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The Yale-Brown Obsessive Compulsive Scale:  II. Validity

Wayne K. Goodman, MD; Lawrence H. Price, MD; Steven A. Rasmussen, MD; Carolyn Mazure, PhD; Pedro Delgado, MD; George R. Heninger, MD; Dennis S. Charney, MD
Arch Gen Psychiatry. 1989;46(11):1012-1016. doi:10.1001/archpsyc.1989.01810110054008.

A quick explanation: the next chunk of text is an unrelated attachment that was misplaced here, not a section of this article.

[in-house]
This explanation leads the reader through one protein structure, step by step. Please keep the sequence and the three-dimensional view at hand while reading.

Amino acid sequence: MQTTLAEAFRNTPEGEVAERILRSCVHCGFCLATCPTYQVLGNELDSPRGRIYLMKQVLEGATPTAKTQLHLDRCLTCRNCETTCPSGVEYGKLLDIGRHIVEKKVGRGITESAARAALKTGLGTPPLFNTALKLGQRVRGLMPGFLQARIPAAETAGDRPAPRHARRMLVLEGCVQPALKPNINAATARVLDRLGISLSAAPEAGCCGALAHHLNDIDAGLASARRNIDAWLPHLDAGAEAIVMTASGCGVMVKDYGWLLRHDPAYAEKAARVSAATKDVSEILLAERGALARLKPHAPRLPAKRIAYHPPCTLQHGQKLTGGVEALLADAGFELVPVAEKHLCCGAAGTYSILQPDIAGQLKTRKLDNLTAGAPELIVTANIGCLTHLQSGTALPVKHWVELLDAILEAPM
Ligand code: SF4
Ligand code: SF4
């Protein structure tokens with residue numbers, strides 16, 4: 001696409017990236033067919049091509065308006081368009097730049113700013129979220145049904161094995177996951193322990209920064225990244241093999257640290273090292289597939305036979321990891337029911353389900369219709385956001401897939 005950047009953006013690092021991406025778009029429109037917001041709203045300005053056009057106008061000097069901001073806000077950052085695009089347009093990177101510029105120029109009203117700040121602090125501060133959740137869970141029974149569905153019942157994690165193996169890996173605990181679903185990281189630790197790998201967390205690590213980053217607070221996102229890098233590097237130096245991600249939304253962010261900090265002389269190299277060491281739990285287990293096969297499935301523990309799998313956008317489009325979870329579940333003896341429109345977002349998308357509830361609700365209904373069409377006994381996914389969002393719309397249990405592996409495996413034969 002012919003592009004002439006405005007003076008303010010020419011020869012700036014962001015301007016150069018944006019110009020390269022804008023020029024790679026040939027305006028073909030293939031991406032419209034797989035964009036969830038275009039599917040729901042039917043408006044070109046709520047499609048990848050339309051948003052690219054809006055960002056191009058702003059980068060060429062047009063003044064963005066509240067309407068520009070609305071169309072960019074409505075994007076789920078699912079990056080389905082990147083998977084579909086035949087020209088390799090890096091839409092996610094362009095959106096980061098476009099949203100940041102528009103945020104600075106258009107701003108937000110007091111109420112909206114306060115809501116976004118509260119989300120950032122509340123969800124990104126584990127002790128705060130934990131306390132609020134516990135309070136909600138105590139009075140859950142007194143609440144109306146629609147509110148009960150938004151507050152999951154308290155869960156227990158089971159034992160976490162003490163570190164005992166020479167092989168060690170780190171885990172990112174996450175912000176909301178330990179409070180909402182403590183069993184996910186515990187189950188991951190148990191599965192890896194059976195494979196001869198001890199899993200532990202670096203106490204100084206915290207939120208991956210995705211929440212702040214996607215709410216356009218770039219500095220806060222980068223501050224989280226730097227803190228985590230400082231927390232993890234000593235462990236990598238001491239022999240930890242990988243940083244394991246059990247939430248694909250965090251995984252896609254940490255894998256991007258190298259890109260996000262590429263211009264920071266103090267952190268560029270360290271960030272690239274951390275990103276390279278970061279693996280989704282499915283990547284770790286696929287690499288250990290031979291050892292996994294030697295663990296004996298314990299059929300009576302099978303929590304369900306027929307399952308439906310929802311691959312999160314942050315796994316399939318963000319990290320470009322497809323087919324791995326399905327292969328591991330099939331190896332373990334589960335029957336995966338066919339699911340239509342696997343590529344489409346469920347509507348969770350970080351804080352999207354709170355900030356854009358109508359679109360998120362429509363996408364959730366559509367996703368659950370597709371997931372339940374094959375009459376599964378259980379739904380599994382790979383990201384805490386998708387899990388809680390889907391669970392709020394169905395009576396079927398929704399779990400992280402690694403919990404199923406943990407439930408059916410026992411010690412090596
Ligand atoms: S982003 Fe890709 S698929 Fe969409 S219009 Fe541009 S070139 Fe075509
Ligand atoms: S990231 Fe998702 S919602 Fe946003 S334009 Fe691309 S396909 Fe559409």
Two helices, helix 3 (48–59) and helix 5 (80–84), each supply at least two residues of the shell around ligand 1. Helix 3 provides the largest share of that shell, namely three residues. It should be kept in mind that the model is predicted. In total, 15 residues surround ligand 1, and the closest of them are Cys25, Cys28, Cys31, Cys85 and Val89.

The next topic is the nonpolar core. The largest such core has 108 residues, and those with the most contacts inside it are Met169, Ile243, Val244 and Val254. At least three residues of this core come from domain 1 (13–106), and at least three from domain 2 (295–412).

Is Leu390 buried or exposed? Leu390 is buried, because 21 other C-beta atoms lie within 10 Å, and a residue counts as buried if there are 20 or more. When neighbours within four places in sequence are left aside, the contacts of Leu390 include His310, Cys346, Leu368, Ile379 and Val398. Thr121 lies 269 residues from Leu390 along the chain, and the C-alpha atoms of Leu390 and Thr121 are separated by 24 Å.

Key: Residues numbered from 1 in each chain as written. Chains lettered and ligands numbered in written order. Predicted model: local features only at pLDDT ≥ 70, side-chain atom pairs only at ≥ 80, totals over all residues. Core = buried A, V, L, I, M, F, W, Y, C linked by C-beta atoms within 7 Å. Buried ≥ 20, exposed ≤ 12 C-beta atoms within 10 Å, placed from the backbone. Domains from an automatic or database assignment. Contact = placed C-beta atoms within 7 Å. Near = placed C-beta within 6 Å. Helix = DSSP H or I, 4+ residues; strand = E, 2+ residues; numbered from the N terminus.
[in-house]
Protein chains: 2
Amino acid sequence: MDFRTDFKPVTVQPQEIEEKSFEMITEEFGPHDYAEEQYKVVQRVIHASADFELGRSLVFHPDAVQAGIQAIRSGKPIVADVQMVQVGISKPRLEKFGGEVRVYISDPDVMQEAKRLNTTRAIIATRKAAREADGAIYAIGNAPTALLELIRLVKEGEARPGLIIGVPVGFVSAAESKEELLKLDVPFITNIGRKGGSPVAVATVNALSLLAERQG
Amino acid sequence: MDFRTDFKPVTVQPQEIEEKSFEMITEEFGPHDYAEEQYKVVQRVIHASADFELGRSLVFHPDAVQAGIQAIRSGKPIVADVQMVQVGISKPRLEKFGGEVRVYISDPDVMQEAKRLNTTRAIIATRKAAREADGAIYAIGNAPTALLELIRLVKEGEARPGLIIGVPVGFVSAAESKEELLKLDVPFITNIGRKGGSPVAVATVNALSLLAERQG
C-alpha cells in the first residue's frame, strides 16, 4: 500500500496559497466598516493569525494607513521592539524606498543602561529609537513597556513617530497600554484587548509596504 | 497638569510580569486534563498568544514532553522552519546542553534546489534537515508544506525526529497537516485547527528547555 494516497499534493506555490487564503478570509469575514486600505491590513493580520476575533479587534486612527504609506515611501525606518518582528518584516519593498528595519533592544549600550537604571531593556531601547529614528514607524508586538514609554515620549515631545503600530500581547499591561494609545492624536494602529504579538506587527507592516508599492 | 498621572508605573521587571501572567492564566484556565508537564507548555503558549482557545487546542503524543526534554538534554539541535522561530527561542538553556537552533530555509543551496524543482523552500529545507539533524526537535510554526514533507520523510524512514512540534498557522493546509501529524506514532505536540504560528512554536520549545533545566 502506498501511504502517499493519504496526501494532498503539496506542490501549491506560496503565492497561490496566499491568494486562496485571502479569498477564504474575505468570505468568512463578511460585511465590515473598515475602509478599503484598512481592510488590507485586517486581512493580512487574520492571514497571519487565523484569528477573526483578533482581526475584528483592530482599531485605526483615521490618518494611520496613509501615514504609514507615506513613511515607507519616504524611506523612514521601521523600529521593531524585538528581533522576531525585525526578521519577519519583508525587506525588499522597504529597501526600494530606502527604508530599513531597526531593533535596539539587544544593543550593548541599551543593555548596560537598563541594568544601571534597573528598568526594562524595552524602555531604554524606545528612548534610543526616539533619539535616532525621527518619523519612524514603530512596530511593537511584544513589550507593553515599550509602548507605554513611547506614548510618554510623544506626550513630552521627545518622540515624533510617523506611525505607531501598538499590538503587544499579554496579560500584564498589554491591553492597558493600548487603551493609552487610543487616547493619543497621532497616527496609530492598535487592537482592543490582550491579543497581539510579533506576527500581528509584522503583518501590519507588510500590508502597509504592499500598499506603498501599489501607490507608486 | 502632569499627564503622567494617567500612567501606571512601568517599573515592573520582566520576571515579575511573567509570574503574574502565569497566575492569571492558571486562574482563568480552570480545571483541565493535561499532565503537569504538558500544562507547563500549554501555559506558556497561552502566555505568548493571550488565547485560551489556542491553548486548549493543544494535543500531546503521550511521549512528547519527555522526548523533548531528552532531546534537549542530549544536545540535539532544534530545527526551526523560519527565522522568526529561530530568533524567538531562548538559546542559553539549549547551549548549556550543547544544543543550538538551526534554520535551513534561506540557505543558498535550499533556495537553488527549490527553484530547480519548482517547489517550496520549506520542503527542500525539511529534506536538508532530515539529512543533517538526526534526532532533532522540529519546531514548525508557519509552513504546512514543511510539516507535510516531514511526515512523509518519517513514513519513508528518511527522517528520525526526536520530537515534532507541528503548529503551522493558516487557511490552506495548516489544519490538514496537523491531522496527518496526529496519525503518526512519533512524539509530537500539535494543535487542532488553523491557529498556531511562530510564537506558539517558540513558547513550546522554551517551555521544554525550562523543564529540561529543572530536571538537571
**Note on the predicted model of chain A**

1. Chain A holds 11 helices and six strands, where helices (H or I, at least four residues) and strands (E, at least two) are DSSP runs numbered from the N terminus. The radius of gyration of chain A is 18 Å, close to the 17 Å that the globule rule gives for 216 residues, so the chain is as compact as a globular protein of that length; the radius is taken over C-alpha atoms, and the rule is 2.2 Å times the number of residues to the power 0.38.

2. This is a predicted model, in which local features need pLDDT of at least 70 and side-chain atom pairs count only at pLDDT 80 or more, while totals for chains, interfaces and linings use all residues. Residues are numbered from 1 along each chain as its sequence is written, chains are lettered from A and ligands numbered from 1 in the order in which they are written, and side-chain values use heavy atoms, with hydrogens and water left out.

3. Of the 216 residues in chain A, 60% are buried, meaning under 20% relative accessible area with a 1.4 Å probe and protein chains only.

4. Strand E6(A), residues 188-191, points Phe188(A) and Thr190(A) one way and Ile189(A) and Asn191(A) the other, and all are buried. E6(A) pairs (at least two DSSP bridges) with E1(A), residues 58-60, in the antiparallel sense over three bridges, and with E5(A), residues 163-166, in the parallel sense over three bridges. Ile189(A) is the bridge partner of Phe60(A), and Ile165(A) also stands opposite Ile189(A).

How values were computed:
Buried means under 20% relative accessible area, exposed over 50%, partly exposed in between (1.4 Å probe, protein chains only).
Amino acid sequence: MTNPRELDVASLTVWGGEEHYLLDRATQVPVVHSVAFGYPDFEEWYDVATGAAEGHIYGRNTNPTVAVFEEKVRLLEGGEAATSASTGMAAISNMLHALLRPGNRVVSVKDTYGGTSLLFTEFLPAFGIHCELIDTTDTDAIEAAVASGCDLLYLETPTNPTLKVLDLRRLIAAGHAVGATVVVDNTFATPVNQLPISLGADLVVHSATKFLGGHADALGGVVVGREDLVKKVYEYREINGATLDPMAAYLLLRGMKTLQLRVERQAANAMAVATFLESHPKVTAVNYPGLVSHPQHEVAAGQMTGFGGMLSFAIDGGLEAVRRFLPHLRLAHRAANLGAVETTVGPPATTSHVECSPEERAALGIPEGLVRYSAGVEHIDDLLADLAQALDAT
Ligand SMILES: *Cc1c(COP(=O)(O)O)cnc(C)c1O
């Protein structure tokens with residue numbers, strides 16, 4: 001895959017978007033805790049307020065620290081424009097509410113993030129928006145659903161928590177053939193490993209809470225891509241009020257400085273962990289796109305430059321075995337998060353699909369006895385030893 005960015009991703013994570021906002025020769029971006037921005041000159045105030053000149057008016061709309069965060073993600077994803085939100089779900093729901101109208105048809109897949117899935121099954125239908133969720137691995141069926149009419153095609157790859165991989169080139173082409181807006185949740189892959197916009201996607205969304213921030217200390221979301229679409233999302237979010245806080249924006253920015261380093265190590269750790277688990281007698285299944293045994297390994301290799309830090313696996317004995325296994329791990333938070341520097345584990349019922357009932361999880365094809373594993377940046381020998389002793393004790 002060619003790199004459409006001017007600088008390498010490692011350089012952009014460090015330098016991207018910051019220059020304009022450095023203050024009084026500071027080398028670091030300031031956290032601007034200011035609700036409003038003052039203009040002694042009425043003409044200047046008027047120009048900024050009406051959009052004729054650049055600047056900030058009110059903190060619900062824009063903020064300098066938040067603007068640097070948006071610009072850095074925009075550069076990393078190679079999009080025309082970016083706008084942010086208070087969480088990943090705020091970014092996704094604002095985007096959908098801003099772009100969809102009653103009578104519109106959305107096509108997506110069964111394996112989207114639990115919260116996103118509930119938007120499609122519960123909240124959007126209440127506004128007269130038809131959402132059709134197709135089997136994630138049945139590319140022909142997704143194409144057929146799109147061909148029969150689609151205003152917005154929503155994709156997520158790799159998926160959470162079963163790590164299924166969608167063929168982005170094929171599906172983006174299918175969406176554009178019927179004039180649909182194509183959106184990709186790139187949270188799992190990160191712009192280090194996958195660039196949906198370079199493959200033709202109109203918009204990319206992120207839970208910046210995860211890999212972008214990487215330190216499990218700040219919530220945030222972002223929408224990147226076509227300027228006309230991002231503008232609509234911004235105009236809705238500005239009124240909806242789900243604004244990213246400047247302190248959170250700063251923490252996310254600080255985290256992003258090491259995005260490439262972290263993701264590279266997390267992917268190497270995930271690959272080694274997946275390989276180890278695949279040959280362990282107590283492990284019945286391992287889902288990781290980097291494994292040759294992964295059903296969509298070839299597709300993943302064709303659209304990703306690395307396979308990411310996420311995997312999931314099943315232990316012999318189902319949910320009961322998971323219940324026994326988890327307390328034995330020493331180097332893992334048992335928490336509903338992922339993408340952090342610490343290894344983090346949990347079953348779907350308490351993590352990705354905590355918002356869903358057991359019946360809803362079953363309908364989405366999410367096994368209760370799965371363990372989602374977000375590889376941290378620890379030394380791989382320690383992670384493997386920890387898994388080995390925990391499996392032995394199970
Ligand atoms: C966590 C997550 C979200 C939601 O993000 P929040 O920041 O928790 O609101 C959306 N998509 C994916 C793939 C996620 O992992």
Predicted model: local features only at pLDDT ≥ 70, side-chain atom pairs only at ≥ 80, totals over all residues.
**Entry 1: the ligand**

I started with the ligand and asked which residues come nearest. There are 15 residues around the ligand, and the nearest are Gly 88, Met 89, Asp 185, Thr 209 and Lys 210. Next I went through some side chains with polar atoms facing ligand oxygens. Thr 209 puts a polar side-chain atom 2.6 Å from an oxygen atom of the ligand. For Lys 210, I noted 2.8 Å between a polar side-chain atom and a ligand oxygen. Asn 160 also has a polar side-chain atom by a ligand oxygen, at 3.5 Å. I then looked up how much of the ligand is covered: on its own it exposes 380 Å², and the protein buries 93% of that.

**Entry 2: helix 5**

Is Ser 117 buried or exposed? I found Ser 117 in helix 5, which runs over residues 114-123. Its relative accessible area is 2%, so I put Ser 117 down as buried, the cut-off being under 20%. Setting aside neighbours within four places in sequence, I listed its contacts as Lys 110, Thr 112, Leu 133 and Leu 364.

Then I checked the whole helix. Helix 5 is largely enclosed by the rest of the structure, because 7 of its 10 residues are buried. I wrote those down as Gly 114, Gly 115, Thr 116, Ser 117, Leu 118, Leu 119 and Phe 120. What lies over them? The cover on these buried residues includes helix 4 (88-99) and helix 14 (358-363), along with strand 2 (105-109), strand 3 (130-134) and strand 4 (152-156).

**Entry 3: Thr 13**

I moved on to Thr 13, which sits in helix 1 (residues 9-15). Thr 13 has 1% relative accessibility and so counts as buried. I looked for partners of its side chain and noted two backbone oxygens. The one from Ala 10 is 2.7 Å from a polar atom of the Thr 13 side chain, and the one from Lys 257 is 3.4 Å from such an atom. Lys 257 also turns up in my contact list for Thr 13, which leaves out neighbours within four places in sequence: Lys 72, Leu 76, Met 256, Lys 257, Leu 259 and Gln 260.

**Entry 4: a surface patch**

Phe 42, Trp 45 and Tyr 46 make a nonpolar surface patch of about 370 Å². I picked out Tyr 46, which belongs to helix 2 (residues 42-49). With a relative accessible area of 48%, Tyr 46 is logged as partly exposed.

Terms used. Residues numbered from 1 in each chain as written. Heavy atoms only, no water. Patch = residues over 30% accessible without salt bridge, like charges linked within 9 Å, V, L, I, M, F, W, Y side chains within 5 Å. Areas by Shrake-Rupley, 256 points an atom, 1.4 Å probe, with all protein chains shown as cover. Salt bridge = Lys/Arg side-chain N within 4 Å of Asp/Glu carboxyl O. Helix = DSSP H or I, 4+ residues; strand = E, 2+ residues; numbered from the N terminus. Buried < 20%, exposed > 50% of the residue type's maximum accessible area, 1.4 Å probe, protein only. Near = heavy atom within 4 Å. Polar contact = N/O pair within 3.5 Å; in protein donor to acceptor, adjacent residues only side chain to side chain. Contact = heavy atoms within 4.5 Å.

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• The development design and reliability of the Yale-Brown Obsessive Compulsive Scale have been described elsewhere. We focused on the validity of the Yale-Brown Scale and its sensitivity to change. Convergent and discriminant validity were examined in baseline ratings from three cohorts of patients with obsessive-compulsive disorder (N = 81). The total Yale-Brown Scale score was significantly correlated with two of three independent measures of obsessive-compulsive disorder and weakly correlated with measures of depression and of anxiety in patients with obsessive-compulsive disorder with minimal secondary depressive symptoms. Results from a previously reported placebo-controlled trial of fluvoxamine in 42 patients with obsessive-compulsive disorder showed that the Yale-Brown Scale was sensitive to drug-induced changes and that reductions in Yale-Brown Scale scores specifically reflected improvement in obsessive-compulsive disorder symptoms. Together, these studies indicate that the 10-item Yale-Brown Scale is a reliable and valid instrument for assessing obsessive-compulsive disorder symptom severity and that it is suitable as an outcome measure in drug trials of obsessive-compulsive disorder.

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